This afternoon has brightened a bit - some sunshine but particularly with the company of other gardeners. Today was the spring meeting of the local National Garden Scheme openers - those who open their gardens for charity. Coffee and home-made cakes plus friends and plenty of chatter about plants and gardens was bound to improve the mood! Now today I was a bit of a gate-crasher, as I am not actually an opener any more. (I  used to be when we opened the University gardens.) But having offered to help the local NGS I was kindly invited and it was good to see some old friends.



The event was held in the tea room at Felley Priory. These beautiful gardens are open to the public and well worth a visit particularly in summer when the herbaceous borders are at their peak. The picture above wasn't taken today but this traditional topiary was just as striking in the low winter sunshine! So as you can see I'm a cheap date - coffee and cakes plus chatter and I'm a happy guy again!

4 comments:

  1. I can sympathize with your plight, at least a little. We've gotten in the bad habit of vacationing in sunny places in the fall. It's a shock to the system to leave the sunshine and come home to the grey.

    Don't know about how spring progresses there but here March can be the longest cruelest month. So close...but so far away.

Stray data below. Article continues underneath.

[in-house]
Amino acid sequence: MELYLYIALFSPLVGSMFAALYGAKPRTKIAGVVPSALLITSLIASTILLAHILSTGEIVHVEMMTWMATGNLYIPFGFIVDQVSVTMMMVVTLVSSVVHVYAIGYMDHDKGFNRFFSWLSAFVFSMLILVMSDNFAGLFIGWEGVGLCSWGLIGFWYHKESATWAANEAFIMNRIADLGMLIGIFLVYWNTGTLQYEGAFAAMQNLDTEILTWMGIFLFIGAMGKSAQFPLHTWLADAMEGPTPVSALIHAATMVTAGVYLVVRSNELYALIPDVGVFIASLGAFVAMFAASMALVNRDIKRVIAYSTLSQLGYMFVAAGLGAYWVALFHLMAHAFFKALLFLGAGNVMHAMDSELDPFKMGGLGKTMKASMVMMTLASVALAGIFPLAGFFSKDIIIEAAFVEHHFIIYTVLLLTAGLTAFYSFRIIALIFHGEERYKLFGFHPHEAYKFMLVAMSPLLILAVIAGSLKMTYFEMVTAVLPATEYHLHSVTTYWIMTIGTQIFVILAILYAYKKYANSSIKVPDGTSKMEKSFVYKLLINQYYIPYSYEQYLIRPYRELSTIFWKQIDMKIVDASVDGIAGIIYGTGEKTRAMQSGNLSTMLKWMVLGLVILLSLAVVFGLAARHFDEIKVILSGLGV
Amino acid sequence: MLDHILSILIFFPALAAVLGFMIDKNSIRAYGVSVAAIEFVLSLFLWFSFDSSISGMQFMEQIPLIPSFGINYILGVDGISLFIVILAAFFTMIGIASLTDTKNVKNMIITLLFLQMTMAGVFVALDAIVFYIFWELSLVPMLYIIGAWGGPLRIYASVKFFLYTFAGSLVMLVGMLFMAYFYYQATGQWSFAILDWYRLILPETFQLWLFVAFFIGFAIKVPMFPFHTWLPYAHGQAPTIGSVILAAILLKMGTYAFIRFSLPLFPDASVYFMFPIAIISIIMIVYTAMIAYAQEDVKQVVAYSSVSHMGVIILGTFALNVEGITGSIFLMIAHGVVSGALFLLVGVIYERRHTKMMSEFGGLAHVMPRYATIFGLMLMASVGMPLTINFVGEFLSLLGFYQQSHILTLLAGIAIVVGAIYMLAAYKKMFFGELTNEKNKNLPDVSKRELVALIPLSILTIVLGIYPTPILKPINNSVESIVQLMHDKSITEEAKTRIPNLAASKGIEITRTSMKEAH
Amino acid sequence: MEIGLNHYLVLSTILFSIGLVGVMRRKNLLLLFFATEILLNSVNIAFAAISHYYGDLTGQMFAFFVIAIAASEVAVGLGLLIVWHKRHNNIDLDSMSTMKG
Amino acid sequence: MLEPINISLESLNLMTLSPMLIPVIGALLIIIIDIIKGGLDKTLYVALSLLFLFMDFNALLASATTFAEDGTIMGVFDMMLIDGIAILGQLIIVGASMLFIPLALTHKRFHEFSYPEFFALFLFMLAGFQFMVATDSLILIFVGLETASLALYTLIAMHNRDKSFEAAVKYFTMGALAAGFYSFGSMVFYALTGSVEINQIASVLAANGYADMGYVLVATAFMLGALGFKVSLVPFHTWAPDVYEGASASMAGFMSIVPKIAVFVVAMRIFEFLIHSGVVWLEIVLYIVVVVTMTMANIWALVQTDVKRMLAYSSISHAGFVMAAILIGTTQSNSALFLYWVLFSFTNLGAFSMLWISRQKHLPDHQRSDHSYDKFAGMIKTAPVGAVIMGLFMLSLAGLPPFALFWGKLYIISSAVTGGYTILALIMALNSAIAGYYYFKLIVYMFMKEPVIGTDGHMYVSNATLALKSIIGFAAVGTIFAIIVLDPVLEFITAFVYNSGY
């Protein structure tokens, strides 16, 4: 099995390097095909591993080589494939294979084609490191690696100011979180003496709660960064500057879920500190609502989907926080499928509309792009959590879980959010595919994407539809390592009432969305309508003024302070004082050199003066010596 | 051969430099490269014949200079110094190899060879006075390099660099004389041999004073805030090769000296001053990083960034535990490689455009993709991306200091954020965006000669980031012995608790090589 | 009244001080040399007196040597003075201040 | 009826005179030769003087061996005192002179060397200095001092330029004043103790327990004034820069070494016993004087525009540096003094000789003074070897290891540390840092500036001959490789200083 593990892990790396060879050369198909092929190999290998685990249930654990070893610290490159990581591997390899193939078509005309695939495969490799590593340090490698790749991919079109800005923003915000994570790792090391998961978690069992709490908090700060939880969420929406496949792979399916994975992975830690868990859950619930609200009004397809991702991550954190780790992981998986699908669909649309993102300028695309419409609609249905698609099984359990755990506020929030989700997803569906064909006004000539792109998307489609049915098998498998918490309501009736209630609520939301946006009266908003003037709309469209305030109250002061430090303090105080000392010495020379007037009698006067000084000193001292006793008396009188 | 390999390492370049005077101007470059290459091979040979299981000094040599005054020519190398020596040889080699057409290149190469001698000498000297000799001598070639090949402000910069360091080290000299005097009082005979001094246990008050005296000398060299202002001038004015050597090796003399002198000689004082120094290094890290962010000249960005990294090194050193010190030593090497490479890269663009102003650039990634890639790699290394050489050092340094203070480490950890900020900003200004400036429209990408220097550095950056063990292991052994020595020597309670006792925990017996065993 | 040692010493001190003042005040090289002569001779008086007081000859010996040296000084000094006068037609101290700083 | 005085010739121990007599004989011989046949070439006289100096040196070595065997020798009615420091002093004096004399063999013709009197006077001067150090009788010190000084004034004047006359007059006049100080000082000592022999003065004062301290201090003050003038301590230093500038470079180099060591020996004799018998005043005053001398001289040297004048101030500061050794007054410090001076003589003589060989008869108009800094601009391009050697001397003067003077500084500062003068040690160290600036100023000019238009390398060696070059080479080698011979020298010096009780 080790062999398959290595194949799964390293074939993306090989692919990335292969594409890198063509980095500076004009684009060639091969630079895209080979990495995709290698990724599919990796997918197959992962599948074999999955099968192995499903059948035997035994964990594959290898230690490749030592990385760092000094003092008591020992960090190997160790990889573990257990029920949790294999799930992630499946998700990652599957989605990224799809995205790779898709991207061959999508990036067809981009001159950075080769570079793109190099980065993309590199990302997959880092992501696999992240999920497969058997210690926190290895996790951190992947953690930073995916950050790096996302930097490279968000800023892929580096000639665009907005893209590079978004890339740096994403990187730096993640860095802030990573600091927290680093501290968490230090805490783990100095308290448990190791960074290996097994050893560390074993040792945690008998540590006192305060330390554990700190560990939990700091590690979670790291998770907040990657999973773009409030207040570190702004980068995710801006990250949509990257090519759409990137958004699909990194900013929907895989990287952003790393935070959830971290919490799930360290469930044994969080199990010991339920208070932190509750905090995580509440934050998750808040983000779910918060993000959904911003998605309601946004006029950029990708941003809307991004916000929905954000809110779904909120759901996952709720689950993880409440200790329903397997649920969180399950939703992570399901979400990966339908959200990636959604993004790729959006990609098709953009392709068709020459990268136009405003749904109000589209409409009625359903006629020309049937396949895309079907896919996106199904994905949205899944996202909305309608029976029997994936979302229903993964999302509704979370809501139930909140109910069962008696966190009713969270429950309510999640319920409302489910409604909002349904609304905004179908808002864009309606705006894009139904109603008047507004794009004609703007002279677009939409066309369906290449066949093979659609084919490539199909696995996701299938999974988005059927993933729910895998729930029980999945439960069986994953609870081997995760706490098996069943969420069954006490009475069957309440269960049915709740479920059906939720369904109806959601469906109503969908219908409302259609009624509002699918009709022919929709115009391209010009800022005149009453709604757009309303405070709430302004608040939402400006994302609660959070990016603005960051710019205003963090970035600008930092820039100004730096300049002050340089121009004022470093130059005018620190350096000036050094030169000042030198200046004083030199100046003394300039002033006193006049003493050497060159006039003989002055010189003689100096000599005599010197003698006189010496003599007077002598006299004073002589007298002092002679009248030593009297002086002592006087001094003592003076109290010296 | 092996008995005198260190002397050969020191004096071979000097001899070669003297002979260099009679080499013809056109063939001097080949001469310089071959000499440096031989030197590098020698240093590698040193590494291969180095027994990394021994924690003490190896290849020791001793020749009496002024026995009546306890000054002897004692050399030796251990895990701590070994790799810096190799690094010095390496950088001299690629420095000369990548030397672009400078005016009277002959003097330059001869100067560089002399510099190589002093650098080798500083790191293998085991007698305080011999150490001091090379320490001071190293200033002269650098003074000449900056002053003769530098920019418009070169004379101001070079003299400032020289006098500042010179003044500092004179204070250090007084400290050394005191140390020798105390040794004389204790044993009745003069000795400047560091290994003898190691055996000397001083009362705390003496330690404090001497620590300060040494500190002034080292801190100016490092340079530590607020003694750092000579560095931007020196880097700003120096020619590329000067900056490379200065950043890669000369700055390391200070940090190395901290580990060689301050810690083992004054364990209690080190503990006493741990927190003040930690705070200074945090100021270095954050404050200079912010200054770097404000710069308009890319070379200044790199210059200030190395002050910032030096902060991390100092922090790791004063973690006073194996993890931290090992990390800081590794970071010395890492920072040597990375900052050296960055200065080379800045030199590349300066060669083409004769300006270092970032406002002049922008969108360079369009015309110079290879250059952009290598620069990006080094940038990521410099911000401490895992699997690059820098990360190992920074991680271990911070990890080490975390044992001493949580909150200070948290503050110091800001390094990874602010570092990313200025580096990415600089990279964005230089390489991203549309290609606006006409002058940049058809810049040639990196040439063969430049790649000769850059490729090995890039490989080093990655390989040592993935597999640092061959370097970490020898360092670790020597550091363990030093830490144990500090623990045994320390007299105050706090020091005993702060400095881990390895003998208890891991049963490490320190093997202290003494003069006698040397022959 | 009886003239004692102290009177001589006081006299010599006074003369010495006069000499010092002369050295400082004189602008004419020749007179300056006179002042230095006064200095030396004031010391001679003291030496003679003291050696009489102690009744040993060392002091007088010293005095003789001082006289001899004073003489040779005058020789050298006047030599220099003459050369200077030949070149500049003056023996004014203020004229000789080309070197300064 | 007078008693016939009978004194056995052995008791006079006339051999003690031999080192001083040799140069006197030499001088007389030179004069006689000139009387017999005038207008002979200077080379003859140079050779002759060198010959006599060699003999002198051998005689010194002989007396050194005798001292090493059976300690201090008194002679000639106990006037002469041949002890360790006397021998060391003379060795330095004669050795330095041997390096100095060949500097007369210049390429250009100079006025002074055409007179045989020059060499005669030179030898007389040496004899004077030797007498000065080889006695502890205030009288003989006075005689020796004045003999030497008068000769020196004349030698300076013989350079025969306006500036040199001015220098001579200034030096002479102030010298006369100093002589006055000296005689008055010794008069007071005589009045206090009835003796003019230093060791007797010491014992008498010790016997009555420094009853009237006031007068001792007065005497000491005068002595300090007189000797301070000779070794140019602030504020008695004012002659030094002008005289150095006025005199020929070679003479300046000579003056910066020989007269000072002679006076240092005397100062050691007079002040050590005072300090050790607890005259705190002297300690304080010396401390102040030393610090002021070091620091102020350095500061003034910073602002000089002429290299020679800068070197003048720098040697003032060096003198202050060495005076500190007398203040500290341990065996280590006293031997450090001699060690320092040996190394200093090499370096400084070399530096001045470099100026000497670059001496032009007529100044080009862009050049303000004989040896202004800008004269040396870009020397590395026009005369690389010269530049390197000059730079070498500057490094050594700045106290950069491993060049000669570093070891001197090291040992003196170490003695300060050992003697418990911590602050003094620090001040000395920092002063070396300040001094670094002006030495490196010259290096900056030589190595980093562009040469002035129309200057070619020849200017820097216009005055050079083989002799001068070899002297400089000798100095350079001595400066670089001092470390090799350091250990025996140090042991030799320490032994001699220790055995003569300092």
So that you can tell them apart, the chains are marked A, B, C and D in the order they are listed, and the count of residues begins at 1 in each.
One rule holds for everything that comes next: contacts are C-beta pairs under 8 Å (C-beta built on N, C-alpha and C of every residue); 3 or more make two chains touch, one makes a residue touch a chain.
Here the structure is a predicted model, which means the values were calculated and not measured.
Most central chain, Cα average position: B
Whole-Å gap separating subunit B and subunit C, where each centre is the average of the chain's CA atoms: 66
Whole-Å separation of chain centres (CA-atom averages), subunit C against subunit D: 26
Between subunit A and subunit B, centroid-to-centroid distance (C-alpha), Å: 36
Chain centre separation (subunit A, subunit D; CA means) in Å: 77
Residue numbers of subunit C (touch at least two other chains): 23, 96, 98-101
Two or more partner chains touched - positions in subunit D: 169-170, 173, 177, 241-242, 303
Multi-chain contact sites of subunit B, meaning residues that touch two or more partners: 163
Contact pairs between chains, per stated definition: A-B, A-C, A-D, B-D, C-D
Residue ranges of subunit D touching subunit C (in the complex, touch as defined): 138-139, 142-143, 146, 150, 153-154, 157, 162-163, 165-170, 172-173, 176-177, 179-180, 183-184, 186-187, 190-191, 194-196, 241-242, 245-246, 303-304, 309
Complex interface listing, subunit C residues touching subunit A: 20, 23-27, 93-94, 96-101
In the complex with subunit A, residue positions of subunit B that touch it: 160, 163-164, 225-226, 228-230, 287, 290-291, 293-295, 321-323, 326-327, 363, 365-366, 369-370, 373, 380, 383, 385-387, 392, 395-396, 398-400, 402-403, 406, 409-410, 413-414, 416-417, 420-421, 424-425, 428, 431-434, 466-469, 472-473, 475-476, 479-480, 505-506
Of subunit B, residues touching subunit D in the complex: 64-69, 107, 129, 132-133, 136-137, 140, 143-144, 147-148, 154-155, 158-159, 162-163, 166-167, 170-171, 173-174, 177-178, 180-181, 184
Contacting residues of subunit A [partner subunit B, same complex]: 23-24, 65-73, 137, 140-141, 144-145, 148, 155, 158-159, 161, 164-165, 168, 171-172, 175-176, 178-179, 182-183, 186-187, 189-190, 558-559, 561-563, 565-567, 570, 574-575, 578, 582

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  2. Oh dear, I'm sure you'll get the hang of being back in blighty again. Great to hear that your garden has mostly survived and doing well after this winter, and it's nice that you attended the NGS meeting which has lifted your spirits with some social interaction. Coffee and cake is a great pick me up combo :)

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  3. Hey Ian, welcome back to the UK. I think...

    Just catching up on some of your posts. This all sounds rather gloomy, but I guess arriving back to a cold, empty house is never going to be too welcoming. At least you've avoided the worst of our winter and things can only get better from a gardening perspective now!

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  4. Goodness - seems as if I've been a bit negative! Better get my head out of the gas oven and think positive thoughts!